Rebellious Voices explores the socio-political context that has served as a backdrop for Circuit, a programme connecting young people and galleries with a view to sparking change. The series of audio pieces explore austerity as a context for the work of galleries and youth programmes, through a montage of political broadcasts and four years’ of interviews and recordings made with Circuit participants. The listener is invited to consider the impact of government cuts on the lives and futures of millennials.
The work explores five key themes relating to the youth and arts sectors. Beginning with a challenge to prevalent media attitudes, and culminating in a call to action for arts organisations, the piece serves as an audio-archive of diverse experiences in a period fraught with political tensions. Commissioned by Circuit to provide a critical account of the programme and to highlight youth voices, the active research approach taken in this piece enacts the values of openness that have been central to the project itself.
First shown during the Circuit conference at Nottingham Contemporary, then at the Circuit celebration at Primary. The work was transferred to Tate Modern and was on display from April - June 2017.
£387m cuts from youth service spending.
A future at risk: cuts in youth services, Unison, 2016
15% cuts to the arts.
Funding arts and culture in a time of austerity, Arts Council England, 2016
David Cameron condemns riots across the country in a speech outside 10 Downing Street, 9 August 2011.
Circuit was funded in the wake of the 2011 riots to create meaningful opportunities for young people. Whilst the political response to the riots was initially to point the finger, the young people of Collabor8 Collective, Nottingham Contemporary, saw it as a movement of disaffected young people for whom there is ever less provision.
Exploring the role of the media in propagating negative attitudes towards young people, Young Art Kommunity at Firstsite fired back at the press in a film they produced and broadcast to their accusers, reading aloud from an article published in The Colchester Gazette in 2012 which had labelled them ‘yob menaces’. This piece highlights the power of young people’s cultural production to provoke change.
This work contains extracts Young Art Kommunity’s film Talk Don’t Rant, made in collaboration with artist Ilona Sagar.
2. Creative Education
Nicky Morgan on arts education during the launch of the ‘Your Life’ campaign, 10 November 2014.
Whilst government bodies were busy writing arts out of the curriculum, young people reflected on their experiences as part of a cultural programme taking place in galleries across the UK. Making the case for the value of a creative education extending beyond the realms of gearing people towards jobs in the arts, Circuit participants highlighted the value of arts programmes in connecting them with their peers, and providing scope for personal and professional development.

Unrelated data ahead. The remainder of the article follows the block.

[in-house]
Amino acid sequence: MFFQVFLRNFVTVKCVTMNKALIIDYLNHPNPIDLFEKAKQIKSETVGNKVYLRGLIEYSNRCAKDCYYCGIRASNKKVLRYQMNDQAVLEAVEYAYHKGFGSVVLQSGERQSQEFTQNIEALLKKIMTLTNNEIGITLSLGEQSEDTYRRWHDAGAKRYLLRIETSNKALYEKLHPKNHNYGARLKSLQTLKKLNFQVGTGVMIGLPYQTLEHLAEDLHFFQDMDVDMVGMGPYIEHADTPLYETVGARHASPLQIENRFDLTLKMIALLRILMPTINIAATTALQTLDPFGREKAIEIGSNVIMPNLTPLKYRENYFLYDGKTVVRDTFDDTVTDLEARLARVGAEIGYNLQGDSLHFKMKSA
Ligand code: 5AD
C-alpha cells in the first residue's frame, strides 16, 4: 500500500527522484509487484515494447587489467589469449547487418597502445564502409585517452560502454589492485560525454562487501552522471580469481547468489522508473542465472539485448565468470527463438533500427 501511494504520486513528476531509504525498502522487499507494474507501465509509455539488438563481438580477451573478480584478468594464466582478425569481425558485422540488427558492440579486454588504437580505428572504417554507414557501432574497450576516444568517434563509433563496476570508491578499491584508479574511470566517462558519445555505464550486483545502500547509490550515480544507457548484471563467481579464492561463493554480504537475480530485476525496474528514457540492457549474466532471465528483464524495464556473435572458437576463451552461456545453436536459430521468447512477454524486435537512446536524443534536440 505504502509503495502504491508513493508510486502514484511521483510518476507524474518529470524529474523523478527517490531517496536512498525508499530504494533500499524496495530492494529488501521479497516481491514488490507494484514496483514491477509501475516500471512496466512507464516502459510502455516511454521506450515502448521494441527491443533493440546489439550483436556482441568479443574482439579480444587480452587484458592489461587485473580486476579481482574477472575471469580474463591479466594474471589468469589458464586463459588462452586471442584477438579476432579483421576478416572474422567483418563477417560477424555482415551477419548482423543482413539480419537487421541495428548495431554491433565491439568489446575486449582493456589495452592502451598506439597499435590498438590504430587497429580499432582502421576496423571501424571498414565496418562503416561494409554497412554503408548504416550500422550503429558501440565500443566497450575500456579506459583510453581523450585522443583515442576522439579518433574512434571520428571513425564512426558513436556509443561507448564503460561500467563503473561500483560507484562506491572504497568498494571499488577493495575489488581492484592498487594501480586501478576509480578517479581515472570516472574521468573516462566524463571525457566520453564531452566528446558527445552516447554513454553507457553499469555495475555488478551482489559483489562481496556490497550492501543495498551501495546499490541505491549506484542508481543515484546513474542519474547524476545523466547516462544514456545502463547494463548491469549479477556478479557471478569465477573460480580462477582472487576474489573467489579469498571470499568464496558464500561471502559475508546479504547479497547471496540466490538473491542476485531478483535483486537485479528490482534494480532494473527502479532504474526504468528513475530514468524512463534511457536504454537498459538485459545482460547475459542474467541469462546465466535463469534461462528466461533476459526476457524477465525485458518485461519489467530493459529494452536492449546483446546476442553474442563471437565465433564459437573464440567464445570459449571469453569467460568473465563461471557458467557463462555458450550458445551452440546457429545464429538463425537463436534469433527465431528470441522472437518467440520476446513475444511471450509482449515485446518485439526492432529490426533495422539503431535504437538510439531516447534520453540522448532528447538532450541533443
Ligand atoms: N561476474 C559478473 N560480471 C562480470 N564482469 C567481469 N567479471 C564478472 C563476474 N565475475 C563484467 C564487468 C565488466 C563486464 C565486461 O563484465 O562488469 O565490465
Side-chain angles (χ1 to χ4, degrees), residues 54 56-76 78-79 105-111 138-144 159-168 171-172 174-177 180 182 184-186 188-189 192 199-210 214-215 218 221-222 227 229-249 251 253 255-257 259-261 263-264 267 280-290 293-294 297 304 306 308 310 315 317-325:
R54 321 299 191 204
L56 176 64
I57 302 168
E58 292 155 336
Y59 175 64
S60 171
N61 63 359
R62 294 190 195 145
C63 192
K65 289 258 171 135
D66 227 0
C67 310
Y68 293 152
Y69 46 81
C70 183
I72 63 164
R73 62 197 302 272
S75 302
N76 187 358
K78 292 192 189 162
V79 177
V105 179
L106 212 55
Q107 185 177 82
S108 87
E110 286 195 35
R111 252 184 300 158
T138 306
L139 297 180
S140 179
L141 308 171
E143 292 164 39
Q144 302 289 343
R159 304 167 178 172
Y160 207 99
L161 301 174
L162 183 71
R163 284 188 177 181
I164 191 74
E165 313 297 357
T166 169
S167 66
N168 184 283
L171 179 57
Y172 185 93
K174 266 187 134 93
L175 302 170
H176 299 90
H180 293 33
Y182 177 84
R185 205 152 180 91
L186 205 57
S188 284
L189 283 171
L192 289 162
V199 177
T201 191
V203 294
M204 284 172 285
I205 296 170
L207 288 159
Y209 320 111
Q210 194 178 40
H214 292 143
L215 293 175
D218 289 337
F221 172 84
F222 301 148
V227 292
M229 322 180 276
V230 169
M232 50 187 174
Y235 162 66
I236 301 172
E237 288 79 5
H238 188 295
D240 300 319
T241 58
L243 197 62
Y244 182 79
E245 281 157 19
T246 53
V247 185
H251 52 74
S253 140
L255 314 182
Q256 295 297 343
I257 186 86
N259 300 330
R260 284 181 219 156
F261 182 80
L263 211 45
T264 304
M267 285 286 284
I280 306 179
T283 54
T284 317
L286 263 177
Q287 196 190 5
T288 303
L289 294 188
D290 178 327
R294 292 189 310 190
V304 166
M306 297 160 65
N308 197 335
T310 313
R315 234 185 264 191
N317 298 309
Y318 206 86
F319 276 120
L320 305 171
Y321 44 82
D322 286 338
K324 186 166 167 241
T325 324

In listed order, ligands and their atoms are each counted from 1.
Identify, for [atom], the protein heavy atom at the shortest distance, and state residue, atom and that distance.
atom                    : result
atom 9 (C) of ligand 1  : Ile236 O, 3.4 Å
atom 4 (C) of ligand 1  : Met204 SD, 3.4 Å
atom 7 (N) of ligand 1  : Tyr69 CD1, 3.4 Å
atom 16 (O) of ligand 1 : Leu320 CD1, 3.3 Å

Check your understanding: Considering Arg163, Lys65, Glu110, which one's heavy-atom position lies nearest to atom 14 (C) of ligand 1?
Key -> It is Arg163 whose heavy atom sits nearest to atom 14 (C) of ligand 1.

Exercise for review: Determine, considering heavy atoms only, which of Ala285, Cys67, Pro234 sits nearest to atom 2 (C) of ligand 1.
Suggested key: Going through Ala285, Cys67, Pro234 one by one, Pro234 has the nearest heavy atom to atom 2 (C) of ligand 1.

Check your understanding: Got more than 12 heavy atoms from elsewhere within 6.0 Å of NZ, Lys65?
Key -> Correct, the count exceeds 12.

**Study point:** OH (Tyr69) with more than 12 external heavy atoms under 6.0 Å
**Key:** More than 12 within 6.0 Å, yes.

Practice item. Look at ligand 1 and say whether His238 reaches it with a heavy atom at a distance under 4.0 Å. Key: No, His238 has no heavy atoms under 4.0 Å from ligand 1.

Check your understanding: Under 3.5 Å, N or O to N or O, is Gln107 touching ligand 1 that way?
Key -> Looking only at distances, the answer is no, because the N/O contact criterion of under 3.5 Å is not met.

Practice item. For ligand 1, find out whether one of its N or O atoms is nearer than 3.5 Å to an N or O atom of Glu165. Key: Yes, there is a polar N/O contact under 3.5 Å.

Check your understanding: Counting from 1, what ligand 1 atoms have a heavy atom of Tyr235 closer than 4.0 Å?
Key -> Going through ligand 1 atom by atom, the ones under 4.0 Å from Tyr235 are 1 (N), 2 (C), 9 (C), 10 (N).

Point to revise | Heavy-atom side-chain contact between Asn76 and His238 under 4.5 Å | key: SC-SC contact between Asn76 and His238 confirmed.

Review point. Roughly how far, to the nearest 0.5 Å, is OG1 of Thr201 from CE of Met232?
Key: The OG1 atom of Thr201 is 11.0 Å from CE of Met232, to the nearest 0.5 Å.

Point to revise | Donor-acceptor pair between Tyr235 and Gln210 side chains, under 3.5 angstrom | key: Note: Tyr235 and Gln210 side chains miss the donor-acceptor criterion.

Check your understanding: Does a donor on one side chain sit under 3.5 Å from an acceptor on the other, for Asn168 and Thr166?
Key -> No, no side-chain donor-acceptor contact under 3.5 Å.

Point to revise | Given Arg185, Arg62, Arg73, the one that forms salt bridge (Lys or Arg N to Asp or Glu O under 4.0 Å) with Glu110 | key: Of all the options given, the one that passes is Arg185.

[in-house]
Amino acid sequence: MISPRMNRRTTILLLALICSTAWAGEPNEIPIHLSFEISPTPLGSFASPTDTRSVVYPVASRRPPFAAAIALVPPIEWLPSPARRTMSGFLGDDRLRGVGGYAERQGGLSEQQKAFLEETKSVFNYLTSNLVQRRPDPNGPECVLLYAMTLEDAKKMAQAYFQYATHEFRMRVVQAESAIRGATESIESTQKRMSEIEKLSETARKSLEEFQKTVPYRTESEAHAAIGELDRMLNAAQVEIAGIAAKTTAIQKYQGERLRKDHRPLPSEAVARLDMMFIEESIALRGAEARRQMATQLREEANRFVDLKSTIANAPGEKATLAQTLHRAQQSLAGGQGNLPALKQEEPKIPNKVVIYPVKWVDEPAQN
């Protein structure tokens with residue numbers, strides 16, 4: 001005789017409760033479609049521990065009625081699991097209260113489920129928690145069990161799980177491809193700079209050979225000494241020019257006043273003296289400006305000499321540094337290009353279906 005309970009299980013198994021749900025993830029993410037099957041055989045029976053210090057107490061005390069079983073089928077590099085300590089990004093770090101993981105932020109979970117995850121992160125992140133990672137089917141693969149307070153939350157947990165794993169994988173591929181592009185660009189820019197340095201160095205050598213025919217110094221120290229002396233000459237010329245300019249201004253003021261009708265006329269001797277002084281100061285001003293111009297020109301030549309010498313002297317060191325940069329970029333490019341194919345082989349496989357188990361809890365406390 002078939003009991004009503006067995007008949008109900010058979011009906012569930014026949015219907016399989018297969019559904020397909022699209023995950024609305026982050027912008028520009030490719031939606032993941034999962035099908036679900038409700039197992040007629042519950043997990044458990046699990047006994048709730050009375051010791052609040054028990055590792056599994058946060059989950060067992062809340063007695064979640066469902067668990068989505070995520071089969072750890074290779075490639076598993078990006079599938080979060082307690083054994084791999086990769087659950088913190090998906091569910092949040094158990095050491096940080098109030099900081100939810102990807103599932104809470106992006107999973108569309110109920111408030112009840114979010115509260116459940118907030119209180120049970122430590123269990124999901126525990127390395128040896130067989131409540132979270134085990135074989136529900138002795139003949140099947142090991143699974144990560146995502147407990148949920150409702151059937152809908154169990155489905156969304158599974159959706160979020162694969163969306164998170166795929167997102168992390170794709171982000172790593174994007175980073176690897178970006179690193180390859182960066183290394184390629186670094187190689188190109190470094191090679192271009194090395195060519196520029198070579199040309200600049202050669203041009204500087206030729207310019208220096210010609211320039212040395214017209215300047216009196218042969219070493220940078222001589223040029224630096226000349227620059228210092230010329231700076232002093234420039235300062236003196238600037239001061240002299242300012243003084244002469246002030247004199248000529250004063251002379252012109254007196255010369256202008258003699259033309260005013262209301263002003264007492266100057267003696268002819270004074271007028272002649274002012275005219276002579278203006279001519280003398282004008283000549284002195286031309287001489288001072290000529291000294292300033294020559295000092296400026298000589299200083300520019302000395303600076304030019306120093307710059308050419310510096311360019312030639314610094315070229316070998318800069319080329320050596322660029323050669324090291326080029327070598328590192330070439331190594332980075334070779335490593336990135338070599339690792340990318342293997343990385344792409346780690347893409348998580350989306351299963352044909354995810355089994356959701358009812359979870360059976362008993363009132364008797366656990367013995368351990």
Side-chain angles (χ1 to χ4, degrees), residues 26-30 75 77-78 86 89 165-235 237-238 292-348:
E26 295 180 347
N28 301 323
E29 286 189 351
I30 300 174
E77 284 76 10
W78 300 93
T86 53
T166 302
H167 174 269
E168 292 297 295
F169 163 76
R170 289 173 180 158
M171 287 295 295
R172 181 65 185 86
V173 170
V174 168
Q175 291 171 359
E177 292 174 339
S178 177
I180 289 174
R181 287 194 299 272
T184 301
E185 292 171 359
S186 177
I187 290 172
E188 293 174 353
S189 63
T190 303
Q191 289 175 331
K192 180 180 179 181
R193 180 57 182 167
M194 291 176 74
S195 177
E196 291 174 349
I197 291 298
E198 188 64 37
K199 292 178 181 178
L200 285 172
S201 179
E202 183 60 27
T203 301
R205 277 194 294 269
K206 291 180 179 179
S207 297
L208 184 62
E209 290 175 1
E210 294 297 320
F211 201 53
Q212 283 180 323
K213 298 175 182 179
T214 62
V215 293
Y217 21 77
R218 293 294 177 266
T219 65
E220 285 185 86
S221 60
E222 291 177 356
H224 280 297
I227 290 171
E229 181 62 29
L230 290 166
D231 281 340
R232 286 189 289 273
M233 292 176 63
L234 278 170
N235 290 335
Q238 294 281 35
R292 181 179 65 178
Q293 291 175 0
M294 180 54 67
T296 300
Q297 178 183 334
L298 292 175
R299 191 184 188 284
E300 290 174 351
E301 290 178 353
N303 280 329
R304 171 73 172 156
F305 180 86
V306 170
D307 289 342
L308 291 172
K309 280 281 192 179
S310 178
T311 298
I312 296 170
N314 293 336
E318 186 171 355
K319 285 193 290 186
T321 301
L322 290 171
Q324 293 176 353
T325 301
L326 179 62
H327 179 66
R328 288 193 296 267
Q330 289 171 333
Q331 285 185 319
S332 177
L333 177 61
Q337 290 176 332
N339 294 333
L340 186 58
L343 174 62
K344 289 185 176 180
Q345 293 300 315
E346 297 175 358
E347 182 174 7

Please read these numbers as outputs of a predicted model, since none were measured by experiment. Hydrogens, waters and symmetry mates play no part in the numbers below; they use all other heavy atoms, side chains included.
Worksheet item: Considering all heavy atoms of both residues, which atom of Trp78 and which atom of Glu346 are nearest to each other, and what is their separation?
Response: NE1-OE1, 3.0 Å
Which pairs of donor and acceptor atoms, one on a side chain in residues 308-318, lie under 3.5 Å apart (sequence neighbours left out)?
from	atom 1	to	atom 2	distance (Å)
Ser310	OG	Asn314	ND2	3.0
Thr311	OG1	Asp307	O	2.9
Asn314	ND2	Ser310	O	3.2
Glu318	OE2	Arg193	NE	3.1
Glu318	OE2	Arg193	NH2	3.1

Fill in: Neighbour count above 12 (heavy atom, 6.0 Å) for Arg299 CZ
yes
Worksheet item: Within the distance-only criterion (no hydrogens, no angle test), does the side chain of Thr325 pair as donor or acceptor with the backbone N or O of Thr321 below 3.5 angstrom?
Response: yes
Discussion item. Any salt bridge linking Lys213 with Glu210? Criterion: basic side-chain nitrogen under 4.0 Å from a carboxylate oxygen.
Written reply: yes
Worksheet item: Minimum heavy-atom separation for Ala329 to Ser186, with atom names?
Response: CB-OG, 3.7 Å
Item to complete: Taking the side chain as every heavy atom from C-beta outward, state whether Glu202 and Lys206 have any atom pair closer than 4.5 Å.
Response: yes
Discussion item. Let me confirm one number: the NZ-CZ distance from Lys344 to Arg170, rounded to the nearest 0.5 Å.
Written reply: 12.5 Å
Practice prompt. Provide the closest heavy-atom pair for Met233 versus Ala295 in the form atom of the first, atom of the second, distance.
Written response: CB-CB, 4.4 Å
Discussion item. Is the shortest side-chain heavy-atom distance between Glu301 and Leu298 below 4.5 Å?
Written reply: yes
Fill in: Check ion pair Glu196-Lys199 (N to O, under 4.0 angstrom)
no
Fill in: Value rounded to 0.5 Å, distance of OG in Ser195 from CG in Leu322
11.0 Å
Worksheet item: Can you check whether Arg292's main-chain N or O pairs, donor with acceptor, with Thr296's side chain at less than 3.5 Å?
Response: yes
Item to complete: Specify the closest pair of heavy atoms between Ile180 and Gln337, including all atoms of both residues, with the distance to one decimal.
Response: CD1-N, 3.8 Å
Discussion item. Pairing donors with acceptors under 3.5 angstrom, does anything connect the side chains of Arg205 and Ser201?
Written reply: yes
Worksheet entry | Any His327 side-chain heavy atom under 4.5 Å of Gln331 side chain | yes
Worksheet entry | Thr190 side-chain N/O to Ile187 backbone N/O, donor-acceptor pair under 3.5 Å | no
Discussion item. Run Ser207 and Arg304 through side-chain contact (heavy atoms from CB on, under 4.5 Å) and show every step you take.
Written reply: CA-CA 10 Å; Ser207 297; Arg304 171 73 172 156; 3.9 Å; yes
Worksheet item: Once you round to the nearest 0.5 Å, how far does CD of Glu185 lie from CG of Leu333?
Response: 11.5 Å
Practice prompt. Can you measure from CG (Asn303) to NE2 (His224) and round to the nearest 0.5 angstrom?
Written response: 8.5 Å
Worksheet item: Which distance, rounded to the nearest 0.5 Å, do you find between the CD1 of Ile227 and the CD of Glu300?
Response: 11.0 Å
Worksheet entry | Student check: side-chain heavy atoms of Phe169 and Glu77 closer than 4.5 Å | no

Boris Johnson urges voters to ‘take back control’ of immigration as part of the Leave campaign, on the BBC’s Andrew Marr Show, 6 March 2016.
At a time when immigration remains at the forefront of debate in the wake of Brexit, pushing for diversity in our cultural institutions is more crucial than ever. Starting with an exploration of ‘difference’, speakers interrogate the conditions needed for organisations to be truly inclusive. Is there a dominant culture in galleries? How does this alter the demographic of both its staff and its audience? In working to widen participation and to forge new access routes for young people to engage in cultural programmes, Circuit participants give voice to the barriers they’ve encountered and suggest shifts in established models – not just in galleries but in society as a whole.
Jeremy Corbyn challenges cuts to youth provision in George Osborne’s Budget statement in the House of Commons, 16 March 2016.
Austerity is hitting millennials hard. This piece is a collective response from 15-25 year olds, describing the pressures and anxieties of growing up in 2017.
Circuit participants call on organisations to challenge the social constructs and inherent stereotypes of ‘youth’. They also shine a spotlight on institutions’ use of audience segmentation as a means to categorise, speak for and make assumptions about the needs of a group when devising targeted programmes in ways that fail to take into account its fluidity and diversity.
The former leader of UKIP claims that the education system has been ‘hijacked’ by the left in a speech at Hillsdale College in Michigan, 21 February 2017.
As funding for arts and heritage shrinks and organisations seek to align themselves with for-profit business in order to survive, speakers highlight the extent to which this has impacted core values of accessibility and social responsibility. How far does the commitment to providing the next generation with cultural experiences extend, and how can youth programmers push for diversity to become a priority when institutions are under increasing pressure to generate profit to sustain themselves? Voicing the need for widespread and effective organisational change, barriers are identified and a route forward proposed.
Installation view at Tate Modern, Primary, and Nottingham Contemporary